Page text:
In "Part Two: Enlightenment Values," Neiman's goal is to "take back the Enlightenment from the clichés that surround it: that the Enlightenment held human nature to be prefect and human progress to be inevitable, reason to be unlimited and science to be infallible, faith to be a worn-out answer to the questions of the past, and technology a solution to all the problems of the future" (112). What the Enlightenment rejected, claims Neiman, was superstition, torture, and inherited privilege. What it offered instead was a set of ideals that we can still embrace. For example, we have a right to demand happiness. This doesn't mean that we will achieve heaven. What it should mean, according to Neiman, is that we should reject "the docile submission to whatever bit of the given is coming your way" (176). Reason, too, offers ideals. It takes reason to transcend the given and to conceive of the possible. Thus, reason is "opposed to authority, in particular any authority based on revelation, superstition, and fanaticism" (182). Neiman spends much time in Moral Clarity, discussing religion and religious texts. But the bottom line for her is that reverence and ethics are prior to religion, not the other way around. "Reverence," she says "restrains naked power" and "creates humility" (233). Neither Neiman nor the Enlightenment rejected religion outright. Finally, says Neiman, the Enlightenment believed in hope. This may be the most fundamental of all the ideals she introduces. For, as she says, we "cannot act morally if we act without hope" (245). Should we want to give up striving for a better world because we fear futility, Neiman offers three concrete "signposts for showing how men and women have made progress on the backs of ideas" (279). She reminds us of the abolition of public execution by torture, the abolition of slavery, and the progress of women.
"Part Three: Good and Evil," starts with an interesting analysis of Homer's Odyssey, showing us that Odysseus is really everyman and his struggles are models of our own. One struggle we face today is the struggle against evil. But Neiman understands this struggle to be as much a conceptual as a real one. That is, only by understanding clearly what evil really is can we face it and achieve our ideals. To embrace the second Bush administration's view of themselves as intrinsically good, while their opponents were intrinsically evil is to succumb to what Zbigniew Brzezinski called "Manichean paranoia" (338). In other words, "for this president, condemning terrorism as evil eliminates the need for understanding it" (329). Neiman learned from Arendt that "it isn't wickedness but thoughtlessness that makes [one] cause a series of awful deaths without ever meaning to" (331). Calling people evil "is polemical" (330). It makes them "irredeemable" (330) and thus shuts off any attempt to understand real causes and conditions and possible responses and remedies.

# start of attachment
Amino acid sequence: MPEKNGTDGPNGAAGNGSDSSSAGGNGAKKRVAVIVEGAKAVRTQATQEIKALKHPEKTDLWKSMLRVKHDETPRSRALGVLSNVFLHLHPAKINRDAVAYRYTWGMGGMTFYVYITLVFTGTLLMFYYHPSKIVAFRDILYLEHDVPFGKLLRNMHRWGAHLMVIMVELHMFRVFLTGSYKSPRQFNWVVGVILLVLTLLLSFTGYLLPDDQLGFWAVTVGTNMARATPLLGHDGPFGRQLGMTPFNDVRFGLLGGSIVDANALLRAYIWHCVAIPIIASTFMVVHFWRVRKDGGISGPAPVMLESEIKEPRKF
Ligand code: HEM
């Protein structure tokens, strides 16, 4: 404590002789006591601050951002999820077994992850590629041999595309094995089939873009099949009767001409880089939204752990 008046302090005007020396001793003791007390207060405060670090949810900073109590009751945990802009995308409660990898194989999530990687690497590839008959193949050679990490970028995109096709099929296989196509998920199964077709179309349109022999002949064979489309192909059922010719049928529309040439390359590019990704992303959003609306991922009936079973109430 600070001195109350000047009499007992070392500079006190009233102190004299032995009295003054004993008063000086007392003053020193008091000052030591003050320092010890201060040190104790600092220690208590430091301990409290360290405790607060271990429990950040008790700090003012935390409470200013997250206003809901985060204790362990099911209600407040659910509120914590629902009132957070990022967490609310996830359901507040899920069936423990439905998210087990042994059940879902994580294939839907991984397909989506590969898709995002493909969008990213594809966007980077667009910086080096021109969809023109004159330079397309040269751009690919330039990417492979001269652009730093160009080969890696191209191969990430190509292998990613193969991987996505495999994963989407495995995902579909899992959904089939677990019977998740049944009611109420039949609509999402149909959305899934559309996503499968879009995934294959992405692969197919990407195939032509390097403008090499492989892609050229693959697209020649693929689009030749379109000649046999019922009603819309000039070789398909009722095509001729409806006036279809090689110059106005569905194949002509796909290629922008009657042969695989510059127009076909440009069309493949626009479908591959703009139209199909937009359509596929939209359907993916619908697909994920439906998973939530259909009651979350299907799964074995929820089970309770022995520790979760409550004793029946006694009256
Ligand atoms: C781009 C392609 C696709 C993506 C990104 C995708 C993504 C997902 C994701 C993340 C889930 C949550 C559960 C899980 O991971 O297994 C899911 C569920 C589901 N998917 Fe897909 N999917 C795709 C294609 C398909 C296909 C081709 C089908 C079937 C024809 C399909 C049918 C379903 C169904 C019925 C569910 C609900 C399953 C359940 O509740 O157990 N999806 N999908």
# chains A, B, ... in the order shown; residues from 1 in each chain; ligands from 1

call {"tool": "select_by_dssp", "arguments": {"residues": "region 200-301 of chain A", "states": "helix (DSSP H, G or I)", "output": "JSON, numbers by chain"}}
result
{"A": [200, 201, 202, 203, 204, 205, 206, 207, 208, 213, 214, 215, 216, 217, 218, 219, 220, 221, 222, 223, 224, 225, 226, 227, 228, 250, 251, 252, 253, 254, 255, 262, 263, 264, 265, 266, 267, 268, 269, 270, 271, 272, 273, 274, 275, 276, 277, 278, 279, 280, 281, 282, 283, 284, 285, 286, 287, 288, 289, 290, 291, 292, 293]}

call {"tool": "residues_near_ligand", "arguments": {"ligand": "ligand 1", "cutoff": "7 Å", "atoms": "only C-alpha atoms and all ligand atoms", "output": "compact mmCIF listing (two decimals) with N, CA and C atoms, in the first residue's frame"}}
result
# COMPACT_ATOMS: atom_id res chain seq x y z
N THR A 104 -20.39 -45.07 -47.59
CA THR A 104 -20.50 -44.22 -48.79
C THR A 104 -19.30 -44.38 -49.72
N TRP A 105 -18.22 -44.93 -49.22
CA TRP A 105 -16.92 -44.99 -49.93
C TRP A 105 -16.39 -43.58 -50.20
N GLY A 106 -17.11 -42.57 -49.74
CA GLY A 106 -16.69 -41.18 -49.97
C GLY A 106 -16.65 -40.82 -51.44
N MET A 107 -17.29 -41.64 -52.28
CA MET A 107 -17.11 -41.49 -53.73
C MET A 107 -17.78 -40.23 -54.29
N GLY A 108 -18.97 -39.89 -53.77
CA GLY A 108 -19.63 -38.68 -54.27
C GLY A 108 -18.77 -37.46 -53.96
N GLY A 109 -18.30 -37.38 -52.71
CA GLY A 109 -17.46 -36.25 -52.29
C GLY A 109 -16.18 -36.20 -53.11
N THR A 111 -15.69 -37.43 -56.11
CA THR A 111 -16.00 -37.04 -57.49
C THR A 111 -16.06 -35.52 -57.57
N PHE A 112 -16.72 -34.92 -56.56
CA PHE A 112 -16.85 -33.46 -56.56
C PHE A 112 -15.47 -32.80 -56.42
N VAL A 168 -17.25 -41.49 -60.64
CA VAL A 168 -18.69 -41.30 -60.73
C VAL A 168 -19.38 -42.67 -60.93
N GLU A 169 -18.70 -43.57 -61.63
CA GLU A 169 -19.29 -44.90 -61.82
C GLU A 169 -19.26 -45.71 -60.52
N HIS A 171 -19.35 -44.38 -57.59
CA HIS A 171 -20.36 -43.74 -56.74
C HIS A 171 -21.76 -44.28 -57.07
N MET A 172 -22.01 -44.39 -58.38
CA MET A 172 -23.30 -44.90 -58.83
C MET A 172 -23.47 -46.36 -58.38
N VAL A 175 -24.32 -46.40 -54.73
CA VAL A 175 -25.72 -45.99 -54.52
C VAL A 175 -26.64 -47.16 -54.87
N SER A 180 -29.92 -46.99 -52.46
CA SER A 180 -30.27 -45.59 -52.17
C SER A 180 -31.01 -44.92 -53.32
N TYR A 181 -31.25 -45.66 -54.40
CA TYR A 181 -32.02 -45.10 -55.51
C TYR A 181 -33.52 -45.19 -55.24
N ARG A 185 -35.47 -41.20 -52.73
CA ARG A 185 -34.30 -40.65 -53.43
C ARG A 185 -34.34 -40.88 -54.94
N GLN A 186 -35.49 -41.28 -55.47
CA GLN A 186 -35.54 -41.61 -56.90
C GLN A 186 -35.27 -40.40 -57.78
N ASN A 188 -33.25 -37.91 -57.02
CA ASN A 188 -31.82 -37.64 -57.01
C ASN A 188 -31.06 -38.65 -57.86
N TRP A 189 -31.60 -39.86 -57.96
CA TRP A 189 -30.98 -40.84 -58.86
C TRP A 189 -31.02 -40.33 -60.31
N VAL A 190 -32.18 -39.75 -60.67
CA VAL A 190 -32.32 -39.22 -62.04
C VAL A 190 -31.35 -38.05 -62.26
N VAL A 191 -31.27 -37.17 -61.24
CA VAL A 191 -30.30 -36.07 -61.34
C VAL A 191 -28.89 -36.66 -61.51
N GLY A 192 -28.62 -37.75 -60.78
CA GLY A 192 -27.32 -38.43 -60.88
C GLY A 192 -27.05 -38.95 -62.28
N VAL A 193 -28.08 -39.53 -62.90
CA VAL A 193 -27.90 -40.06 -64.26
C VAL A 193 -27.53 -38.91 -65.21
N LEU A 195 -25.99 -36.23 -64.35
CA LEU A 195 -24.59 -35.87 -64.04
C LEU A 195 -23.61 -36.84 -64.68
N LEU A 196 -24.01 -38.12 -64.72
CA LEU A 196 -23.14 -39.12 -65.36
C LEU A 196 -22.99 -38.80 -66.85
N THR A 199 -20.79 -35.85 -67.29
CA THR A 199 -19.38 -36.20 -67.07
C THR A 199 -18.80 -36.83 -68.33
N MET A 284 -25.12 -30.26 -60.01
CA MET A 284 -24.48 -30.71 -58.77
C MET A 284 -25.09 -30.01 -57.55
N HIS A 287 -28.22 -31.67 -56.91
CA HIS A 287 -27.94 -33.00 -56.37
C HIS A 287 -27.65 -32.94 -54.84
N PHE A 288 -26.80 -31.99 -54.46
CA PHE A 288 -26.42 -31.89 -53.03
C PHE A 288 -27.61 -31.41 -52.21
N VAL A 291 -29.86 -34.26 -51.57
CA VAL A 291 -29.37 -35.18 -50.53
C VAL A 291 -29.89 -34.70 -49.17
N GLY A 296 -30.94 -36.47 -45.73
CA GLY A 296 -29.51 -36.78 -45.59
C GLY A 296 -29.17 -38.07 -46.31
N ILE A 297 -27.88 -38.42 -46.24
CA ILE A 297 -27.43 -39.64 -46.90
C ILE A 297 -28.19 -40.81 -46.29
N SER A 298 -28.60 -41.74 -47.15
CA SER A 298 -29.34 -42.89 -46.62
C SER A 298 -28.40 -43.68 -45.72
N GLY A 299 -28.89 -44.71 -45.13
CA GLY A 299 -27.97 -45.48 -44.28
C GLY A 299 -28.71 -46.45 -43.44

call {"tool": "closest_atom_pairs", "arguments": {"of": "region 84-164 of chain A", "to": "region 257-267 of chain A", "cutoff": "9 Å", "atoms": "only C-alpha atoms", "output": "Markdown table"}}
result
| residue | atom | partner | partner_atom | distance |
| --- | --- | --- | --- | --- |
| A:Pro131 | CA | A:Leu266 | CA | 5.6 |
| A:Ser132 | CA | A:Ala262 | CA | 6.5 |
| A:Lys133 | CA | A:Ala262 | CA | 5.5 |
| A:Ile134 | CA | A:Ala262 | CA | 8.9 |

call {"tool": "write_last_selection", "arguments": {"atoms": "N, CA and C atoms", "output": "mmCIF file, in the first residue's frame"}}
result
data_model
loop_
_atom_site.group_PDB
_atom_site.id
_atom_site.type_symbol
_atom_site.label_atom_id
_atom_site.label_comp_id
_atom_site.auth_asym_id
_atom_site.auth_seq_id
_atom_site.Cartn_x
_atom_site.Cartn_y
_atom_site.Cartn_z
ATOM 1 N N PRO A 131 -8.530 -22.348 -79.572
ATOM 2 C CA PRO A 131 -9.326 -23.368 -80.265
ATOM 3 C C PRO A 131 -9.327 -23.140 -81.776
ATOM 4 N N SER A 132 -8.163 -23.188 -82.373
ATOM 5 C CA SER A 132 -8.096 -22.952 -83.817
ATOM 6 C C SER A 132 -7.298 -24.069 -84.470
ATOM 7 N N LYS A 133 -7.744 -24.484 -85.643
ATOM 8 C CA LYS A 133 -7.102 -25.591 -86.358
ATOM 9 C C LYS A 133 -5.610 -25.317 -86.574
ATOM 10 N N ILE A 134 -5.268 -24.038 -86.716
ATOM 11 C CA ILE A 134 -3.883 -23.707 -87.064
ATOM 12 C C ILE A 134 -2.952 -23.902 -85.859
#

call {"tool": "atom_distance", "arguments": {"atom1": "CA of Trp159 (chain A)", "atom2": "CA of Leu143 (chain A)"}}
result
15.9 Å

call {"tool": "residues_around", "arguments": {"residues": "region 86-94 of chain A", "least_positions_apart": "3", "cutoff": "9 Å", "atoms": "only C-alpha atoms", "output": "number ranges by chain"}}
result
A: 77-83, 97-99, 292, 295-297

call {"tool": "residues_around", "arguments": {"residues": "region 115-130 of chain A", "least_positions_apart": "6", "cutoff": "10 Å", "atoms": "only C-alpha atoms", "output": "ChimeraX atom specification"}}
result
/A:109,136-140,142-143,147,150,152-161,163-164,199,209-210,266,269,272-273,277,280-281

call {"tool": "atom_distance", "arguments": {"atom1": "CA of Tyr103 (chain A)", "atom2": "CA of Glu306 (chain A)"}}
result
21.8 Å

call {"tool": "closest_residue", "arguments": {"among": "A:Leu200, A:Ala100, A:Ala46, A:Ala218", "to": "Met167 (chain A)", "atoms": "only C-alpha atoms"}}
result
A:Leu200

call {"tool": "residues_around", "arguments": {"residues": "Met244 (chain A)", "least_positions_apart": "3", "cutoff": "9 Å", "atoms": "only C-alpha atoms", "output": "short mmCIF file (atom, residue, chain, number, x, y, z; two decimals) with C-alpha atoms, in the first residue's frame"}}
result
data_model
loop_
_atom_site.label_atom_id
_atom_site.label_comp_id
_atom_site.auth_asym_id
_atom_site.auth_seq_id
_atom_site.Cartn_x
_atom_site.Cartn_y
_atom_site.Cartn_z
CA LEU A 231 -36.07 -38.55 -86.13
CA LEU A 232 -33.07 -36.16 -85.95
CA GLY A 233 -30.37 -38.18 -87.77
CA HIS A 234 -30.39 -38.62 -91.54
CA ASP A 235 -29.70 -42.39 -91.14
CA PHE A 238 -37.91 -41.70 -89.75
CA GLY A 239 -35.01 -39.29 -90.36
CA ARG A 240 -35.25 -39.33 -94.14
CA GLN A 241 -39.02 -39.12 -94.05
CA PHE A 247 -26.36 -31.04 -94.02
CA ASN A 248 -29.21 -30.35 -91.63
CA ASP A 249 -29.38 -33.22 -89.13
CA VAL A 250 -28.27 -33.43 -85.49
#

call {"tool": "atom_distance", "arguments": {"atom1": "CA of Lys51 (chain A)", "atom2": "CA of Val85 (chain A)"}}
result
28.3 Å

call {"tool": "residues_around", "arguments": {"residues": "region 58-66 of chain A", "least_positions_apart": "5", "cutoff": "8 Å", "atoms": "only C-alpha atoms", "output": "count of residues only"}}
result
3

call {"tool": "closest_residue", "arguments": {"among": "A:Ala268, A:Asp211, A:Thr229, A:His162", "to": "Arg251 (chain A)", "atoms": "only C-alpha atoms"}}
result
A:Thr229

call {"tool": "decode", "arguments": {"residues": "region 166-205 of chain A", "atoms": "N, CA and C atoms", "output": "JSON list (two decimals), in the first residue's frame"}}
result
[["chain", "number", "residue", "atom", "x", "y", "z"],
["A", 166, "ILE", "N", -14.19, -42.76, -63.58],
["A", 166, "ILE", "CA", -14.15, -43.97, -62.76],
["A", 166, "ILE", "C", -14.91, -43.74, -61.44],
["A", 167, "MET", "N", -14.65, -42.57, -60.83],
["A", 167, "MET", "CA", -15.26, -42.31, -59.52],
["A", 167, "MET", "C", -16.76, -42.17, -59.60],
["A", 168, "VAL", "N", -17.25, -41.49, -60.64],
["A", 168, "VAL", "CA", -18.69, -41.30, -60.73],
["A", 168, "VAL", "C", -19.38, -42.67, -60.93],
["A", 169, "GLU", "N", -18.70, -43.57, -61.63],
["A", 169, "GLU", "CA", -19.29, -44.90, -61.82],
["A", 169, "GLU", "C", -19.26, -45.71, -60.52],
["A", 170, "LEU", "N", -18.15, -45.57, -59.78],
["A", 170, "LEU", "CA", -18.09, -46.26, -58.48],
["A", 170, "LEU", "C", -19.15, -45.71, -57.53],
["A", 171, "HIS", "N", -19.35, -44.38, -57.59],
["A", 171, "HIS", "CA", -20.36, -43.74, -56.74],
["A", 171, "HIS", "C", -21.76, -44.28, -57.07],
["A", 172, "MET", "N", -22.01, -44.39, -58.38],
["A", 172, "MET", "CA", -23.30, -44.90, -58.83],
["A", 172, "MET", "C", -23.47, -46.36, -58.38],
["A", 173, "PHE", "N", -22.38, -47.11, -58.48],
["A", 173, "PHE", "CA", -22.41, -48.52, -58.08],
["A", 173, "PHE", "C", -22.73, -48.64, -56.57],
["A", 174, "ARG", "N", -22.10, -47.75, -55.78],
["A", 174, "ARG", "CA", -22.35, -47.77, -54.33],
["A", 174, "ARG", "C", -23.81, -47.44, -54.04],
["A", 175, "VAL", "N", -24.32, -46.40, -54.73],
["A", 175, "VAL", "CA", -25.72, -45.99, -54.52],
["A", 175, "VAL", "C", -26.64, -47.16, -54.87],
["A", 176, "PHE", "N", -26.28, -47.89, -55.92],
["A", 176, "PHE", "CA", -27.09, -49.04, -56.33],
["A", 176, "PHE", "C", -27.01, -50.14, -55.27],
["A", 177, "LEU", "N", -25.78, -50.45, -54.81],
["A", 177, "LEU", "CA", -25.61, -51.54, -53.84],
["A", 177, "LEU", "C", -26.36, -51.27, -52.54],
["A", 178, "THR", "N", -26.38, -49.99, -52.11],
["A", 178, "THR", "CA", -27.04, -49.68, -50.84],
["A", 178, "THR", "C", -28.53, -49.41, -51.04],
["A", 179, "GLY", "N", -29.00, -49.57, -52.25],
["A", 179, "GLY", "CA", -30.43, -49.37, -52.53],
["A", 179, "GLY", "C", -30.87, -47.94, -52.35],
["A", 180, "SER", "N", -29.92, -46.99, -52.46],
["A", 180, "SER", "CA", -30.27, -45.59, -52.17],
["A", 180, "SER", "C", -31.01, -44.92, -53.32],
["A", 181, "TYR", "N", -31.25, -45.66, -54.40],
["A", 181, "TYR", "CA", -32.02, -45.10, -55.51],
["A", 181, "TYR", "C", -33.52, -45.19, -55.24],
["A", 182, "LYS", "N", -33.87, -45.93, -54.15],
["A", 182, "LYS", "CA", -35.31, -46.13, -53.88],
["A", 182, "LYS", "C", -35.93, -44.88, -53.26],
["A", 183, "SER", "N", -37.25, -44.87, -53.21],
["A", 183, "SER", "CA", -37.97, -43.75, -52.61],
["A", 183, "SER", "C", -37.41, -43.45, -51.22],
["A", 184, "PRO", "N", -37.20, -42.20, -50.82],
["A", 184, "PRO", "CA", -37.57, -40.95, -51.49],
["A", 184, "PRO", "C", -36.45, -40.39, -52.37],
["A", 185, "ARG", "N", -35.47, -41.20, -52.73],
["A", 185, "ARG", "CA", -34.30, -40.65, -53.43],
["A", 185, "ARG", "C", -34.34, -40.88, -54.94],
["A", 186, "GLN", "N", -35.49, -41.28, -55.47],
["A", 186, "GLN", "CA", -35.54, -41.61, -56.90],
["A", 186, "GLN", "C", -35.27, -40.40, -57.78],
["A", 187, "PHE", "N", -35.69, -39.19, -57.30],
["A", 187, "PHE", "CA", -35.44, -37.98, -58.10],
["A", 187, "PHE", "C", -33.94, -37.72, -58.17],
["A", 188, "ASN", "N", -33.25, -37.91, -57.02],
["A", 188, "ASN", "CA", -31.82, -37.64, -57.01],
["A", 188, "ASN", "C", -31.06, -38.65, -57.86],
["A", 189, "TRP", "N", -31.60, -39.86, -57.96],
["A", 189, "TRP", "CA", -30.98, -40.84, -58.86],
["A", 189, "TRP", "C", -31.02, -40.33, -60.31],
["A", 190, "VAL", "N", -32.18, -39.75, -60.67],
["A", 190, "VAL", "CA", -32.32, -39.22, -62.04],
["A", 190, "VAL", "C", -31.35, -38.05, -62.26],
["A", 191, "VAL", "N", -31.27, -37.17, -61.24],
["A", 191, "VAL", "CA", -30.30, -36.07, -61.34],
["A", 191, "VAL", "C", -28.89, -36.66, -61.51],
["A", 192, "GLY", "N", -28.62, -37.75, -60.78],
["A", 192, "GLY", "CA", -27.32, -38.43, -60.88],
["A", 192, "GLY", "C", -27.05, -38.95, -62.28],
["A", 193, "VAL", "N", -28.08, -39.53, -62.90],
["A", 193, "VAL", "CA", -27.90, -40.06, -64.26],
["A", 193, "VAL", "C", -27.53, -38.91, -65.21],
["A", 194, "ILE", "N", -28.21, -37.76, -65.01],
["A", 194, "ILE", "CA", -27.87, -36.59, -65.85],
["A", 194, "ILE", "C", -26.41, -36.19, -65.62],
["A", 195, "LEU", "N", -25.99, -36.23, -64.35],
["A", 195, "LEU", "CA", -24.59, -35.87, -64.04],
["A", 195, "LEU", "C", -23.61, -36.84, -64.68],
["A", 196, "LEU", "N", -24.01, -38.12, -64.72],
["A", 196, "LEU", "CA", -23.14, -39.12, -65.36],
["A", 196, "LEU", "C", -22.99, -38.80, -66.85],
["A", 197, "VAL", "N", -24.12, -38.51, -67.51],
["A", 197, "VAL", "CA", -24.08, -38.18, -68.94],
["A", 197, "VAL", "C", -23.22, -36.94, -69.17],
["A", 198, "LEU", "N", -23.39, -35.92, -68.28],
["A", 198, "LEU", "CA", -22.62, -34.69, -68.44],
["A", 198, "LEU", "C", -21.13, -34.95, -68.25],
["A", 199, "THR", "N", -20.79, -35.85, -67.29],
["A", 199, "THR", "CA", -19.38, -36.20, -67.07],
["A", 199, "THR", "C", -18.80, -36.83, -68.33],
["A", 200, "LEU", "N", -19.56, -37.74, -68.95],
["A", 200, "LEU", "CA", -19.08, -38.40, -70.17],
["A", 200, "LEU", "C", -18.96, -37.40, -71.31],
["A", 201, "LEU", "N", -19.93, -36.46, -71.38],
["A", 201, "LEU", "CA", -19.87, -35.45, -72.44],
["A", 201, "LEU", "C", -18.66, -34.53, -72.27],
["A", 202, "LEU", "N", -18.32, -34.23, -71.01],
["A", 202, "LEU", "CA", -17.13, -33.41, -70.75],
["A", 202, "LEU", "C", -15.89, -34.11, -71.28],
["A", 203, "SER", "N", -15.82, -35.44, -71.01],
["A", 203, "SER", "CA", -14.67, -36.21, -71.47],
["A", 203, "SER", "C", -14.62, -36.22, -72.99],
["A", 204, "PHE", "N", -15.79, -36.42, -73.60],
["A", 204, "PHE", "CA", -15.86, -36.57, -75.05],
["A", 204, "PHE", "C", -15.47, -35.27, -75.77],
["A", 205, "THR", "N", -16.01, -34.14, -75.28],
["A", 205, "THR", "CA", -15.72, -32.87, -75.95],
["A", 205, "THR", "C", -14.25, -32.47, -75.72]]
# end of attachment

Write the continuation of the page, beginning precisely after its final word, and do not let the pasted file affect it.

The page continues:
Looking for actual role models or heroes that we can identify can be difficult if we have overblown ideas of good and evil. Goodness can be as banal as evil, according to Neimen. It is the little things that matter. She offers us four examples of people working in the world today who seem to be embracing Enlightenment ideals and making a mean world a little better. She could have chosen other examples, but she chose these because they have written about their struggles and thus, we have the opportunity to analyze their thinking. She discusses David Shulman, who works for Arab-Israeli peace; Sarah Chayes, an American living in Afghanistan, working to rebuild that country; Daniel Ellsberg, whistle-blowing critic of the war in Viet Nam; and Bob Moses, founder of the Algebra Project, an organization bringing real education to the children that need it most. What Neiman wants to emphasize is that being a hero "is a matter of small steps and everyday distinctions" (428). It is fraught with disappointments and frustrations, much like being a grown-up.
Neiman's book comes at the tight time. The world is a mess and it needs a thorough clean-up. Perhaps after reading Moral Clarity, Obama's message of hope seems less a rhetorical ploy of yet another election campaign and more of a renaissance of an almost-forgotten discourse that embraces the Enlightenment values upon which this country was founded. The book is a fine example of not only the philosophical basis of hope, but a reassuring message as to its possibility.
© 2009 Ben Mulvey
Ben Mulvey, Ph.D., is Associate Professor of Philosophy at the College of Arts and Sciences of Nova Southeastern University. He received his doctorate in philosophy from Michigan State University specializing in political theory and applied ethics. He teaches philosophy at NSU and is a member of the board of advisors of the Florida Bioethics Network.